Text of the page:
Just imagine this: travelling along an unremarkable section of motorway, when, seemingly out of nowhere, two gigantic, glinting horse heads, stretching almost a hundred feet high, rise up in front of you.
If you have not yet seen them from the M9, then let me tell you about these structures, straight from the horse’s mouth. They are The Kelpies, designed by Scottish sculptor Andy Scott, and they’re the largest pair of equine sculptures in the world.
A sight you won’t forget
Towering above the Forth & Clyde Canal, The Kelpies are a feat of engineering, each made with 300 tonnes of structural steel, and are a monumental tribute to the horse power heritage that was vital to the early industries of central Scotland.
It’s a project which I have observed since construction began. I travelled between Edinburgh and Stirling many times during the course of the build – the highlight of each journey was undoubtedly when I laid eyes on these evolving, steely steeds.
I saw the huge metal frames emerge from the ground and transform into the shape of horses’ heads. The careful construction of the stainless steel ‘skin’ panels slowly but surely brought these sculptures to life; the effect of this cladding is so that The Kelpies look solid and strong while at the same time appear porous and fluid.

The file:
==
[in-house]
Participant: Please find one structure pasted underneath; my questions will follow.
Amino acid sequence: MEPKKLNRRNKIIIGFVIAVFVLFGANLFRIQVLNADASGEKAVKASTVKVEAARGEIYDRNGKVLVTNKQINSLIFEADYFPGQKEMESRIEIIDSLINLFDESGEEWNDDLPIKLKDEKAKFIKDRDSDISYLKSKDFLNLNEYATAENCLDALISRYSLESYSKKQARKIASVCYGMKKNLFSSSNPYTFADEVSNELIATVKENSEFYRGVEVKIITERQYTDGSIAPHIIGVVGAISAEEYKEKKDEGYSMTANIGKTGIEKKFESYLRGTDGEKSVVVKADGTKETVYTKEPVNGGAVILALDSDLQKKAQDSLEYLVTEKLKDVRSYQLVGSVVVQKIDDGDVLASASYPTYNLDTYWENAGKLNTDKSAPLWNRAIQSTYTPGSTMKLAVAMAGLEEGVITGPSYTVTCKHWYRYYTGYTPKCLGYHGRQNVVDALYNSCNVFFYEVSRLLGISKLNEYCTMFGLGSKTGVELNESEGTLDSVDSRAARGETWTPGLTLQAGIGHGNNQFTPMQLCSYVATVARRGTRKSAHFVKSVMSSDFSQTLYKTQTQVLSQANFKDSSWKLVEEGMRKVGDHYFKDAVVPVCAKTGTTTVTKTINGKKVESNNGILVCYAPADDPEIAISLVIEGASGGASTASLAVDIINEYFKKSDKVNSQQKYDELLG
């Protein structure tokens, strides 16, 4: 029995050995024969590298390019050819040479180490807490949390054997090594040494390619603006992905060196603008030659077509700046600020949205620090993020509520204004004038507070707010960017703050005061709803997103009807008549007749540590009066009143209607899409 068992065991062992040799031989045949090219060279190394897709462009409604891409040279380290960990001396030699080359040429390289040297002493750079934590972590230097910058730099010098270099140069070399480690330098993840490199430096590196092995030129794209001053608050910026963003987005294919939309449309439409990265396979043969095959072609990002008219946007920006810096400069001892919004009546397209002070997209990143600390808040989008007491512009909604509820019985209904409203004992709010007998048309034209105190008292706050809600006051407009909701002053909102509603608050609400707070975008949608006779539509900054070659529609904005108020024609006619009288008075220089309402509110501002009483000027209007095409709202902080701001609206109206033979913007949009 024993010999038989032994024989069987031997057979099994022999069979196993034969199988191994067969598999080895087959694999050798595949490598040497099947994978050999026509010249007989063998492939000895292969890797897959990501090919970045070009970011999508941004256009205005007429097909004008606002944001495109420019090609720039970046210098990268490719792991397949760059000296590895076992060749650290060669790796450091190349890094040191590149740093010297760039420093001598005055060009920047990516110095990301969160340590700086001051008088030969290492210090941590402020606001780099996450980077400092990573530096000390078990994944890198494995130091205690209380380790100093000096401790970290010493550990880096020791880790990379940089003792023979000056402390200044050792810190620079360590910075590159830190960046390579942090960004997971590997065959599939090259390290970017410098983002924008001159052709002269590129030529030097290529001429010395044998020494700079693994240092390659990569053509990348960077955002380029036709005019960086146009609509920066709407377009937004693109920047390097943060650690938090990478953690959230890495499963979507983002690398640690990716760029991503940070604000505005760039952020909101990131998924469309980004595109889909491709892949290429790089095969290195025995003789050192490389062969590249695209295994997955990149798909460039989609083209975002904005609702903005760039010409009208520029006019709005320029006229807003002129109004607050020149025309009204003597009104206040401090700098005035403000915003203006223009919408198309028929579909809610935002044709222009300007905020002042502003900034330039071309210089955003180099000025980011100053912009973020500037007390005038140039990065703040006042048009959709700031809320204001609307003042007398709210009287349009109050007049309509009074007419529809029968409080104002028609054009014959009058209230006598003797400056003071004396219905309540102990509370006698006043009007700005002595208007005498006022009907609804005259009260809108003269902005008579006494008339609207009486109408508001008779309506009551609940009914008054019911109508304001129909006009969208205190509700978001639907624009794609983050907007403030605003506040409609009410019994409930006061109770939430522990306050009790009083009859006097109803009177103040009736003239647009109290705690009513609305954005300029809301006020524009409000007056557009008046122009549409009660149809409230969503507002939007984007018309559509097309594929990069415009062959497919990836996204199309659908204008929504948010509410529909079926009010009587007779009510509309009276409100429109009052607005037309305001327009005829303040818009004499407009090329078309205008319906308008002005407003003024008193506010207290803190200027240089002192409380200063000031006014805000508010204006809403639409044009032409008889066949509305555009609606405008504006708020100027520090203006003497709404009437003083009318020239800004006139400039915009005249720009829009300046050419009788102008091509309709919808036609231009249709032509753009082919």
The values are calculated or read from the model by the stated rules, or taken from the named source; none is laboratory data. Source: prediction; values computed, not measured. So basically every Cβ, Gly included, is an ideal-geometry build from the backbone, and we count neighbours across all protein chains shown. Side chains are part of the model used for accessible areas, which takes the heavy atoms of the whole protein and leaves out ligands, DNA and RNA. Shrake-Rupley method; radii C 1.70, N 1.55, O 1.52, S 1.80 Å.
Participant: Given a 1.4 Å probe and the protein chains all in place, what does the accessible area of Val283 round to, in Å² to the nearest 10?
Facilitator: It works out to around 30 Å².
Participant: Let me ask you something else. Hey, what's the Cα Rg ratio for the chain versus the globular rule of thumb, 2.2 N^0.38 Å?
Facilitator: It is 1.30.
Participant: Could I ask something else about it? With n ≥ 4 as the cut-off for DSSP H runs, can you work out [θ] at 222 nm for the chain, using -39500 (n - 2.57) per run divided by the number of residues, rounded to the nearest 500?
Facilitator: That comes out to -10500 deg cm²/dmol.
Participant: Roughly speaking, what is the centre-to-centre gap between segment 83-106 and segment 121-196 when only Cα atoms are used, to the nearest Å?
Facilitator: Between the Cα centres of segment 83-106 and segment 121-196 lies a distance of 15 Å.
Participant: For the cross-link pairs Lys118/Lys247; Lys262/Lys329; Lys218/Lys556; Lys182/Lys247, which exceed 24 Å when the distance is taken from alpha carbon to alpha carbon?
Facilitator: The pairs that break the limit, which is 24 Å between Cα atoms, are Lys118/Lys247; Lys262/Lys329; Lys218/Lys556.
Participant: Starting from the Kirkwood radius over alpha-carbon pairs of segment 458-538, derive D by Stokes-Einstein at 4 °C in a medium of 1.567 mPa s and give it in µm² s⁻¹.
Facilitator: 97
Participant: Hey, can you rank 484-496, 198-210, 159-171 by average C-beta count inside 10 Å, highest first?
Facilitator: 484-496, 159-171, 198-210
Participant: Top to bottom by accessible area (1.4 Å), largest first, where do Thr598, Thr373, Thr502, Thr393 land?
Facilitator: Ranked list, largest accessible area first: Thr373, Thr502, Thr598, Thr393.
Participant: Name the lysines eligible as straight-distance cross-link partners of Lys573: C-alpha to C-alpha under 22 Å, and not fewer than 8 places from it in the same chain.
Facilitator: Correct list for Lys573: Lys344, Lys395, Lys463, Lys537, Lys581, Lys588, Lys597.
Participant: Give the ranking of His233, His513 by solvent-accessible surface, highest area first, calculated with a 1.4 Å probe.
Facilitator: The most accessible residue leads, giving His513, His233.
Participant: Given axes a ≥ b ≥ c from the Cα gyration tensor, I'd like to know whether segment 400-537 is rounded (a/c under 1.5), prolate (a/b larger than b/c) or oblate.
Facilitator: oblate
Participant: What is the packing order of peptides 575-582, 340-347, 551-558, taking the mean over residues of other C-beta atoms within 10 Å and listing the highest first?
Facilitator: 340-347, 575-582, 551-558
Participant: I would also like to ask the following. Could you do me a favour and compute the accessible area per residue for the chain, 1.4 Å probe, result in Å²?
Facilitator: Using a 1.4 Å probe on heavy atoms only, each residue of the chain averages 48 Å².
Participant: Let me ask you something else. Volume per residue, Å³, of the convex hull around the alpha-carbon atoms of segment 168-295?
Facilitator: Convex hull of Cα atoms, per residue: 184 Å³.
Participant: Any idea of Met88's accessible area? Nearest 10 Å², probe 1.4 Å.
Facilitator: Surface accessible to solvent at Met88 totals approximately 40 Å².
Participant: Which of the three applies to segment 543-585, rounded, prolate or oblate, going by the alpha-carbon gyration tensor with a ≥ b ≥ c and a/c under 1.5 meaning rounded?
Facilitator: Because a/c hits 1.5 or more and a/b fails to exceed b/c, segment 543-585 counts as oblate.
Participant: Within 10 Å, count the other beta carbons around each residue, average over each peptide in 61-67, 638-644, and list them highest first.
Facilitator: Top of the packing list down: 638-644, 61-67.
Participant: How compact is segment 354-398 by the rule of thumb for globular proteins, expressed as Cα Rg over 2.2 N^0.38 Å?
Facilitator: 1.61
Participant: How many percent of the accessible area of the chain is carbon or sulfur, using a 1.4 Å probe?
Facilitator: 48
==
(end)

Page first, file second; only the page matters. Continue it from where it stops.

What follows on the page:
Experience them yourself
These two incredible sculptures are the centre piece of Scotland’s newest parkland The Helix, which lies between Falkirk and Grangemouth in the Forth Valley. This recreational space, which has 27 km of pathways to discover, opened in September 2013.
The Kelpies Hub is home to a visitor centre with a café, exhibition and gift shop. Should you want to find out more about the story of these metallic beasts, take The Kelpies Tour – you’ll even get to see the sculptures from the inside!
And then try…
Pop into The Helix Visitor Centre where you’ll find a café, gift shop and exhibition space. South of The Kelpies Hub lies the Adventure Zone and Splash Play – it’s the perfect spot to let the kids blow off steam.
This blog post was originally published in November 2013 and was updated January 2016.